Monday, June 04, 2007

Review: With Their Backs To The World

I renewed my interest in Ansne Seierstad's "With Their Backs To The World: Portraits From Serbia" after reading this article about it on the Beyond Sarajevo Blog. The book features 14 characters; all whom represent a different segment of Serbian society during the 1990s and early 2000s.

The book's biggest strength is primarily due to the author's writing talents; (Seierstand also wrote "The Bookseller of Kabul"). She takes, what could be a rather cliche look at Serbian society in the 1990s and early 2000s; full of stock characters like "the nationalist" "the protester" "the democrat" "the religious one"; and writes a deeply effective; and at times moving portrait; of her subjects. In other words; instead of just having her subjects be one dimensional caricatures whose sole purpose is to be the embodiment of a political/social/religious idea; she allows them (if you forgive my overuse of cliches in the piece); to "come to life."

While the writing style is enough to draw in people who are not extensively interested in the Balkans; the book will also be appreciated by those who have a knowledge of the region and want a more in depth look.
Through her featured characters; the author does an impressive job of showing the complexities involved in Serbian political life.
There is probably no issue today as pressing in Serbia and Kosovo as to the status of Kosovo. In her chapter focusing on Kosovo; she takes what could be a rather cliche look at the issue; and provides a more nuanced view. The chapter focuses on the bitter irony of some Serbs who strongly believe that Kosovo is "holy" land; and can never, ever, be separated from Serbia; yet who have a rather prejudice view towards Kosovo Serbs. Some have even gone as far as posting signs forbidding Kosovo Serbs from entering their places of business. And none of them seem to get the irony of speaking in rather sweeping terms about Kosovo; yet in rather dismissive terms about the very refugees from there. Other chapters focus on various people, ranging from a man who makes a living off the black market; to a member of the youth resistance organization, Otpor. From an anonymous family, to the rocker Rambo Amadeus. From a young supporter of Milosevic; to a newly elected democratic mayor.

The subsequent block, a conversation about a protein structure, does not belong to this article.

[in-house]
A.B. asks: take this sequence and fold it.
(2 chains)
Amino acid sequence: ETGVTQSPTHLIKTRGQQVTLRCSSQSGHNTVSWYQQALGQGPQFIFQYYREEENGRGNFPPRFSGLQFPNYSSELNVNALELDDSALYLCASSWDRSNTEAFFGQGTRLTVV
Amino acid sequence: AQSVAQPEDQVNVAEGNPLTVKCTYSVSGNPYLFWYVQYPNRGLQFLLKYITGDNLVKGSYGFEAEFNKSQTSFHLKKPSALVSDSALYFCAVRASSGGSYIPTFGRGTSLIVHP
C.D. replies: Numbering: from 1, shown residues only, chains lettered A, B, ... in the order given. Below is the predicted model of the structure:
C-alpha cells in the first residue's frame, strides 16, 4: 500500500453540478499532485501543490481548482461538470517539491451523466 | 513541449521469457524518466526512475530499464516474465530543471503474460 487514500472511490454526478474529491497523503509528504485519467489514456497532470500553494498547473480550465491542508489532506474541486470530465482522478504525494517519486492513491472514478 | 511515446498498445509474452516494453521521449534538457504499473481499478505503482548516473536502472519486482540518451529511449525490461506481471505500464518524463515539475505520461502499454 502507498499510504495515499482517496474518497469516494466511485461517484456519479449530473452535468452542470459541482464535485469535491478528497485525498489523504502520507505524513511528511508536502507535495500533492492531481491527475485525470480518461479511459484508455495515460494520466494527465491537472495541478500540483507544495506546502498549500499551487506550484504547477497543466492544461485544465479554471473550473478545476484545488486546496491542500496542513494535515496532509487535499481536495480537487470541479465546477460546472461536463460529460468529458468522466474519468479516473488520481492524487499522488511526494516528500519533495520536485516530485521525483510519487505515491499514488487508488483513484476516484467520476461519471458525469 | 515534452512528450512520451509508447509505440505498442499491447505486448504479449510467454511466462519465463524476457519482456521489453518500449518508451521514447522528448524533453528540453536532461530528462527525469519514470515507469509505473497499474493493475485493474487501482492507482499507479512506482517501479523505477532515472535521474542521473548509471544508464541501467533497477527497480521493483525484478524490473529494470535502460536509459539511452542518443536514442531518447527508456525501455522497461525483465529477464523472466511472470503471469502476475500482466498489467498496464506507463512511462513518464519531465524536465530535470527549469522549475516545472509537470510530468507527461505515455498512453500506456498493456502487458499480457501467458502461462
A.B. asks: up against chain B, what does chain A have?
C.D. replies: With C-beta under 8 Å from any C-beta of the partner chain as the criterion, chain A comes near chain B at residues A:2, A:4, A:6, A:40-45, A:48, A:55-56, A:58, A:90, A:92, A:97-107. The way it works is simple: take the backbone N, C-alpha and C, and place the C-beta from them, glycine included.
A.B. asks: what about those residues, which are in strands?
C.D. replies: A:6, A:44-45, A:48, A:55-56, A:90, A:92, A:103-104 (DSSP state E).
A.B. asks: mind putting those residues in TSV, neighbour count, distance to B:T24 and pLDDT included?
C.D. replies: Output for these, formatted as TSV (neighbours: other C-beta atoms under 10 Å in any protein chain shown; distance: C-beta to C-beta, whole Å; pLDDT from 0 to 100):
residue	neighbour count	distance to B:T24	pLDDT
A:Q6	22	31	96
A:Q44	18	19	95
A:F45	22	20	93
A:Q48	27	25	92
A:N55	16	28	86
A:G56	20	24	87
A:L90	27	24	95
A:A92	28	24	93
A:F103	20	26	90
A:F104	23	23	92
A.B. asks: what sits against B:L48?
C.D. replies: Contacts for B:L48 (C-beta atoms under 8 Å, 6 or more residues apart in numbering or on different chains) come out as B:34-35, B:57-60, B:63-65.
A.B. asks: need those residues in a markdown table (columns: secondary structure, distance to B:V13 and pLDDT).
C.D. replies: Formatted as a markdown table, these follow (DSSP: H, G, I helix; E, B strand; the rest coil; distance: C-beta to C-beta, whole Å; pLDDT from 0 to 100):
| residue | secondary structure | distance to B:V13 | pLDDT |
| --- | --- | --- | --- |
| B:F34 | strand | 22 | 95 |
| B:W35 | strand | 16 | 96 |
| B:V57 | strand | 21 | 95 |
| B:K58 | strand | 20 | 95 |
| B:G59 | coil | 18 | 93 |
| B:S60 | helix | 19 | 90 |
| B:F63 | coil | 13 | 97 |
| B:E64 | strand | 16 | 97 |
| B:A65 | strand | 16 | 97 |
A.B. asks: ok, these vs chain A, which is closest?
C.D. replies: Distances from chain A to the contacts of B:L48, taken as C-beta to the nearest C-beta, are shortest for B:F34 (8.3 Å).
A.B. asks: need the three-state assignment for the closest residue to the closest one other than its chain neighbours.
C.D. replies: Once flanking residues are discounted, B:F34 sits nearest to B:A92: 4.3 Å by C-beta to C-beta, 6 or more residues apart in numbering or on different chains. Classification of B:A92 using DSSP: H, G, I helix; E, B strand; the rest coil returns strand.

With Their Backs To The World is a compelling and complex look at a dark time in Serbian society.


Kirk Johnson said...

Great minds think alike, Shaina--I just started a review of this book the other night (haven't published it yet)!

I agree with you absolutely--it's a fascinating, if troubling, read.

Owen said...

Kirk, sounds like this could be rather more worthwhile than the last magnum opus!

Daniel said...

Kosovo has never been "Serbian".
Neither was Bosnia.

Can Serbia really heal itself from extreme radical nationalism? Can't they face reality and stop living in mythology?

Belgrade spreads over 3.6% of the territory of Serbia, and 21% of the Serbian population. That's Serbia.

Anonymous said...


Serbia was MADE in Kosovo, buddy. Kosovo & Metohia has been Serbian since time immemorial. I think the etymology and the 1,500+ Serbian Orthodox churches, monasteries and hermitages of Kosovo are proof enough.

Bosnia could have been Serbian, had Prime Minister Nikola Pashich been more persevering. After all, Bosnia, Slavonia and Dalmatia were offered Serbia on a silver platter. Instead, Serbia chose to form a country with Slovenes and Croats.